A third of British Columbians (33%) believe the project should be stopped, down eight points since October 2021.
Vancouver, BC [August 5, 2022] – Favourable perceptions on the expansion of the Trans Mountain Pipeline have increased in British Columbia and remain high in Alberta, a new Research Co. poll has found.
In the online survey of representative provincial samples, 51% of British Columbians agree with the federal government’s decision to re-approve the project, up six points since a similar Research Co. poll conducted in October 2021.
Practically seven-in-ten Albertans (69%) also agree with the re-approval of the Trans Mountain Pipeline expansion, down five points since a similar Research Co. survey conducted in November 2020.
In British Columbia, residents of Southern BC (66%), Northern BC (61%) and the Fraser Valley (58%) are more likely to hold positive views on the pipeline project. The rating is lower in Metro Vancouver (50%) and Vancouver Island (41%).
In Alberta, sizeable majorities of residents of Edmonton (72%) and Calgary (66%) are in favour of the pipeline expansion, along with 70% of those who live other areas of the province.
“The proportion of British Columbians who want the provincial government to do anything necessary to ensure that the Trans Mountain Pipeline expansion does not happen dropped from 41% in October 2021 to 33% in July 2022,” says Mario Canseco, President of Research Co. “In Alberta, 25% of residents (+3) share the same point of view.”
More than half of British Columbians (51%, -4) and three-in-five Albertans (61%, +2) say they are disappointed with the way the federal government has managed the Trans Mountain Pipeline expansion.
Significant majorities of Albertans (78%, -1) and British Columbians (71%, +6) believe the Trans Mountain Pipeline will create hundreds of jobs for residents of each province.
Two-in-five British Columbians (40%, -7) think the Trans Mountain Pipeline expansion threatens the health and safety of the province’s residents. Just under three-in-ten Albertans (28%, +11) share this point of view.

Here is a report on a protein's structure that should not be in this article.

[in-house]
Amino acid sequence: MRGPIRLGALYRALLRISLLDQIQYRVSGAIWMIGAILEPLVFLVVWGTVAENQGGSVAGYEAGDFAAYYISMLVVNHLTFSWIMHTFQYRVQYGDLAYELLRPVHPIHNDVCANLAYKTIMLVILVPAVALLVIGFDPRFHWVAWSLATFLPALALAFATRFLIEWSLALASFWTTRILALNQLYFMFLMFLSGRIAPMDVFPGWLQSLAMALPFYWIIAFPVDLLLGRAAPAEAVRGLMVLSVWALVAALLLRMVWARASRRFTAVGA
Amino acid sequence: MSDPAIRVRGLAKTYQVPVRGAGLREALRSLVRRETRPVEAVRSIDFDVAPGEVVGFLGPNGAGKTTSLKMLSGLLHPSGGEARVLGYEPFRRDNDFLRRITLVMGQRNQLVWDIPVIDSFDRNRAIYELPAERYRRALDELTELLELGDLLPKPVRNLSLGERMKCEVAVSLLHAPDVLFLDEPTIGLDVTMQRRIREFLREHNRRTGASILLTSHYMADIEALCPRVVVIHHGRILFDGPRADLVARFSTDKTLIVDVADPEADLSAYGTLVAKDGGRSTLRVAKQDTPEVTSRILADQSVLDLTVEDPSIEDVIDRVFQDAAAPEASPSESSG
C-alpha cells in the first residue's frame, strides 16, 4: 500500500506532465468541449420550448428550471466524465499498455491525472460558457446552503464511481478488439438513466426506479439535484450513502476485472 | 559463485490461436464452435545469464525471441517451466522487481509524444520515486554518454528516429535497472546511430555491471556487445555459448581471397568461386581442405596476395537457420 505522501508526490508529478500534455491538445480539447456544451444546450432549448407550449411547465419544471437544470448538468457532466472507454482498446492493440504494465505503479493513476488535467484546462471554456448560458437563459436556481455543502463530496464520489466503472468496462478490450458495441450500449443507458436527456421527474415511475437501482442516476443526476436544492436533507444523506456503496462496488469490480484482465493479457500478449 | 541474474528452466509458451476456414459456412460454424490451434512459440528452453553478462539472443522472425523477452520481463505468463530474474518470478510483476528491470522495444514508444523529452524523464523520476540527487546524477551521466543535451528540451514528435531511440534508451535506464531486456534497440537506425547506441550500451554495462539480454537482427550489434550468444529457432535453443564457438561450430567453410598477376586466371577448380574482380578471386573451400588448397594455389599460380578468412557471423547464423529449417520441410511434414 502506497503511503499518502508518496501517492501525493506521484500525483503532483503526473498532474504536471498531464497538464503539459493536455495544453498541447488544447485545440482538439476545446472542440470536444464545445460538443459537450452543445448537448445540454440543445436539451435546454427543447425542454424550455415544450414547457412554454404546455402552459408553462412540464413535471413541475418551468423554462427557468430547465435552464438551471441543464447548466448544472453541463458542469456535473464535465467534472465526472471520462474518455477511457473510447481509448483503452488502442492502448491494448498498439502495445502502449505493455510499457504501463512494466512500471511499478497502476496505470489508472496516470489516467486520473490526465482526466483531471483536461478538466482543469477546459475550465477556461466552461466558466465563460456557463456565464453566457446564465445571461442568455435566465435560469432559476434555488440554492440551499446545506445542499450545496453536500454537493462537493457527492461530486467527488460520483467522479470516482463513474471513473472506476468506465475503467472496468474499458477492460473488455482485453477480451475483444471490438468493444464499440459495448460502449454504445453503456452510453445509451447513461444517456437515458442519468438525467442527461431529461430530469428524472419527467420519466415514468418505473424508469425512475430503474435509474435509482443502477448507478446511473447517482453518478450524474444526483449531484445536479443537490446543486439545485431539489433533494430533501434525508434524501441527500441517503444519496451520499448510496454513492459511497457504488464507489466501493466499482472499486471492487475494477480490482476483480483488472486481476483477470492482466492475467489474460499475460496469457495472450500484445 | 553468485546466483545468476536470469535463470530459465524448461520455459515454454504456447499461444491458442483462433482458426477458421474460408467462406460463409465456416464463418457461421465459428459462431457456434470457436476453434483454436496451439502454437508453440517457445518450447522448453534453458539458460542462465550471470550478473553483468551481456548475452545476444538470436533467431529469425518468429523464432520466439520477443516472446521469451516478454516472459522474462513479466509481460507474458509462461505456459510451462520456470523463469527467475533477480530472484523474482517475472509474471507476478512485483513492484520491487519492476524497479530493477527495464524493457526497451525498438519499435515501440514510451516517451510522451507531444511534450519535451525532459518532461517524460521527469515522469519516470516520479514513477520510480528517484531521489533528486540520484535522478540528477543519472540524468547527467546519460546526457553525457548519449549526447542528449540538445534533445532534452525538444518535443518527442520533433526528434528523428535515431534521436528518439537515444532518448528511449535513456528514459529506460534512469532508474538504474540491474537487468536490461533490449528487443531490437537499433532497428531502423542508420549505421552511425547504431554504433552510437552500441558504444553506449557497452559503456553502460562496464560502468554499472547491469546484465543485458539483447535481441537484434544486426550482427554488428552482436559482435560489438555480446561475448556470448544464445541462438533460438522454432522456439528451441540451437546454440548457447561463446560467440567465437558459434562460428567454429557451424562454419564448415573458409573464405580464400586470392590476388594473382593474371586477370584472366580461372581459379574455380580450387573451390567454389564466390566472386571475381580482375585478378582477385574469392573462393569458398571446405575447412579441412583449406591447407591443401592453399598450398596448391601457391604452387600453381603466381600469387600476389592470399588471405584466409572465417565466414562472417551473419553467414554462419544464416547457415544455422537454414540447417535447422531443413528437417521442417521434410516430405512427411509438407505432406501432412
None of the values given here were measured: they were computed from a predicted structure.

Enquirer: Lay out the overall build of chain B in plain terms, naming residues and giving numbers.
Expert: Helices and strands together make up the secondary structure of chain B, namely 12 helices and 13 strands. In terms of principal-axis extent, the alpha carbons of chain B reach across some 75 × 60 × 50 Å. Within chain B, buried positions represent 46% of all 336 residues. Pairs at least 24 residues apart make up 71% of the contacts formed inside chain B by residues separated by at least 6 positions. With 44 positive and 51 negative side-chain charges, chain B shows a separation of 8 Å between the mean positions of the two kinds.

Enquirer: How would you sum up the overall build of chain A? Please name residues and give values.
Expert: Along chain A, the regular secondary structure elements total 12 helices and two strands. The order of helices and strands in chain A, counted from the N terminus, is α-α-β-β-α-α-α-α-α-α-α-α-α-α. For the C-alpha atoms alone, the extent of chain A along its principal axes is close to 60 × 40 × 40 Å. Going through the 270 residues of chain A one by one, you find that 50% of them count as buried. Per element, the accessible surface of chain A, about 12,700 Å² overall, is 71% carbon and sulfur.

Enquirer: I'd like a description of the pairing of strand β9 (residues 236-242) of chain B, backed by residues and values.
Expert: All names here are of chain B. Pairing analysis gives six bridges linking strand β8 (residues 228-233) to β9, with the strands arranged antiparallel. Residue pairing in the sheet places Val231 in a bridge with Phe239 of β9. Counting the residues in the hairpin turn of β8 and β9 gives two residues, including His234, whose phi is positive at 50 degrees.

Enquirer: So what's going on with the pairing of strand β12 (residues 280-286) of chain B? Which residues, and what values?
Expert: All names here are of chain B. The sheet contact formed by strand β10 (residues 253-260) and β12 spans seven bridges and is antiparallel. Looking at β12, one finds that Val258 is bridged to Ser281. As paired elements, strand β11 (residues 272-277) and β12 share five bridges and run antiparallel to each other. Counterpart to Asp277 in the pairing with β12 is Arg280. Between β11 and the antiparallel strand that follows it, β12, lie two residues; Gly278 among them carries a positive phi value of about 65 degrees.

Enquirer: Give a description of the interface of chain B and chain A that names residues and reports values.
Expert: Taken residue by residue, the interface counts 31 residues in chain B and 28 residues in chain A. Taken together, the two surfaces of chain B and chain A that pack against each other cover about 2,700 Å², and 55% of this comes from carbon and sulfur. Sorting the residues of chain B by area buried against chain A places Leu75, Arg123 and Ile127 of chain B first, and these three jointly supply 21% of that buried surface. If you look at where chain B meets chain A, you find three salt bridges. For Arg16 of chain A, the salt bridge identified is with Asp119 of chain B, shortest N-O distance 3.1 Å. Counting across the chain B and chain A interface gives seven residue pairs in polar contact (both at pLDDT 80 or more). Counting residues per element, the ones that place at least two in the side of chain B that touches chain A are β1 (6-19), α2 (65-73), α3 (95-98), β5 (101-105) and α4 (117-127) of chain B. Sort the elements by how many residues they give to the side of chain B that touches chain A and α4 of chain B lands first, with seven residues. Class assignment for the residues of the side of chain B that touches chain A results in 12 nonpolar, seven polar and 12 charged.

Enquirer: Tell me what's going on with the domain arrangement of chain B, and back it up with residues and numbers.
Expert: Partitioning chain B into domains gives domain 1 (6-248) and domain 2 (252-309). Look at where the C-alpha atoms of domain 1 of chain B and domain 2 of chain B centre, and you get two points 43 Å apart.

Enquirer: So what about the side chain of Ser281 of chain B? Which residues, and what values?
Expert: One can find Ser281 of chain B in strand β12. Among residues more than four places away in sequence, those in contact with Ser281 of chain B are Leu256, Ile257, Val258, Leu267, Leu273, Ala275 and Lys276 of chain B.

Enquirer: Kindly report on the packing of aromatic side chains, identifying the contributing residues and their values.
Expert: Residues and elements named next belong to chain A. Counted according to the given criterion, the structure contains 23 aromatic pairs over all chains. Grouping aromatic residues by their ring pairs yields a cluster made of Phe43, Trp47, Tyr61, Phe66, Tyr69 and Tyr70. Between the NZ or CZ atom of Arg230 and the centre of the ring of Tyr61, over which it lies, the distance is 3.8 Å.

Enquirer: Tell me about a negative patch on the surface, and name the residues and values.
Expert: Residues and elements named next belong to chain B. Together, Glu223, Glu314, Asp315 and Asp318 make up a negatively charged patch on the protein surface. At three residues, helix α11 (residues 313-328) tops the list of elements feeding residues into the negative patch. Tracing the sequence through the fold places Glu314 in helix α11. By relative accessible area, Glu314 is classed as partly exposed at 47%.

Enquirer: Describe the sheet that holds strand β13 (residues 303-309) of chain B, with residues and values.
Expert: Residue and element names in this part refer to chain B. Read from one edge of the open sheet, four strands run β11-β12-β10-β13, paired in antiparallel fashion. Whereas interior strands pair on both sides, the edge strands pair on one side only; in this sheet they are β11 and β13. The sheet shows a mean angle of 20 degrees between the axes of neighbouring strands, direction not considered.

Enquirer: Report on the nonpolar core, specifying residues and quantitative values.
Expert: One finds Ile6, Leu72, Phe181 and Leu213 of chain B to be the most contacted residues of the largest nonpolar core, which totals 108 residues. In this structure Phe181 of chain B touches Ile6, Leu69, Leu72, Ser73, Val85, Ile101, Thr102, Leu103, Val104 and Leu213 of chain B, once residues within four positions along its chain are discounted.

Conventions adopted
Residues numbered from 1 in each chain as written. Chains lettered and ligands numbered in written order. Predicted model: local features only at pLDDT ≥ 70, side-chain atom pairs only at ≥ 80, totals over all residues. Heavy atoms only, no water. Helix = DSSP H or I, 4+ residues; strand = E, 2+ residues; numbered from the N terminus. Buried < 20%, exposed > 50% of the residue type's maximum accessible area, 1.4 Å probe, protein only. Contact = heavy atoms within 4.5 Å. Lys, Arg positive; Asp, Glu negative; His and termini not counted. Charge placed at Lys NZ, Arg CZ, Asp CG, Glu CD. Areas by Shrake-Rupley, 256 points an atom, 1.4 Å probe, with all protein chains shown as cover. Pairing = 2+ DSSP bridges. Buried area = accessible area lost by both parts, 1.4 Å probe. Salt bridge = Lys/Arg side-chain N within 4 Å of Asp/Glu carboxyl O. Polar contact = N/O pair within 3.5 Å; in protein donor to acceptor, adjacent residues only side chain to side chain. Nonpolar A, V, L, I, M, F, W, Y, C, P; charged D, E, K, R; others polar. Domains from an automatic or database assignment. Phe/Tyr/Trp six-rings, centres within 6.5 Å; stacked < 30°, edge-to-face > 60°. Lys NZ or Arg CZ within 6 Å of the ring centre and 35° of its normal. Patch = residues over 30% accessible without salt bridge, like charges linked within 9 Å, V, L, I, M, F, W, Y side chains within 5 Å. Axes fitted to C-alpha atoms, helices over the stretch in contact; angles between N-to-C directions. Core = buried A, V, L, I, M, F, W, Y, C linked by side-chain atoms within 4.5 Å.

Fewer than half of residents of the two provinces expect gas prices to be lower now that the Trans Mountain Pipeline expansion has been re-approved: 40% in Alberta (+6) and 37% in British Columbia (+1).
In November 2016, the federal government rejected a proposal—known as the Enbridge Northern Gateway—to build a new pipeline from Alberta to British Columbia’s north coast, to export oil on tankers to Asian markets.
Just under half of British Columbians (46%, +5) believe it is time to reconsider the Enbridge Northern Gateway proposal, while just over a quarter (27%, -7) disagree.
Support for taking a second look at the Enbridge Northern Gateway is highest in Northern BC (60%), followed by Southern BC (51%), Metro Vancouver (45%), the Fraser Valley (43%) and Vancouver Island (38%).
Methodology: Results are based on an online study conducted from July 29 to July 31, 2022, among 800 adults in British Columbia and 800 adults in Alberta. The data has been statistically weighted according to Canadian census figures for age, gender and region in each province. The margin of error – which measures sample variability – is +/- 3.5 percentage points for each province, 19 times out of 20.
For more information on this poll, please contact:
Mario Canseco, President, Research Co.778.929.0490 [e] firstname.lastname@example.org
Photo Credit: Codex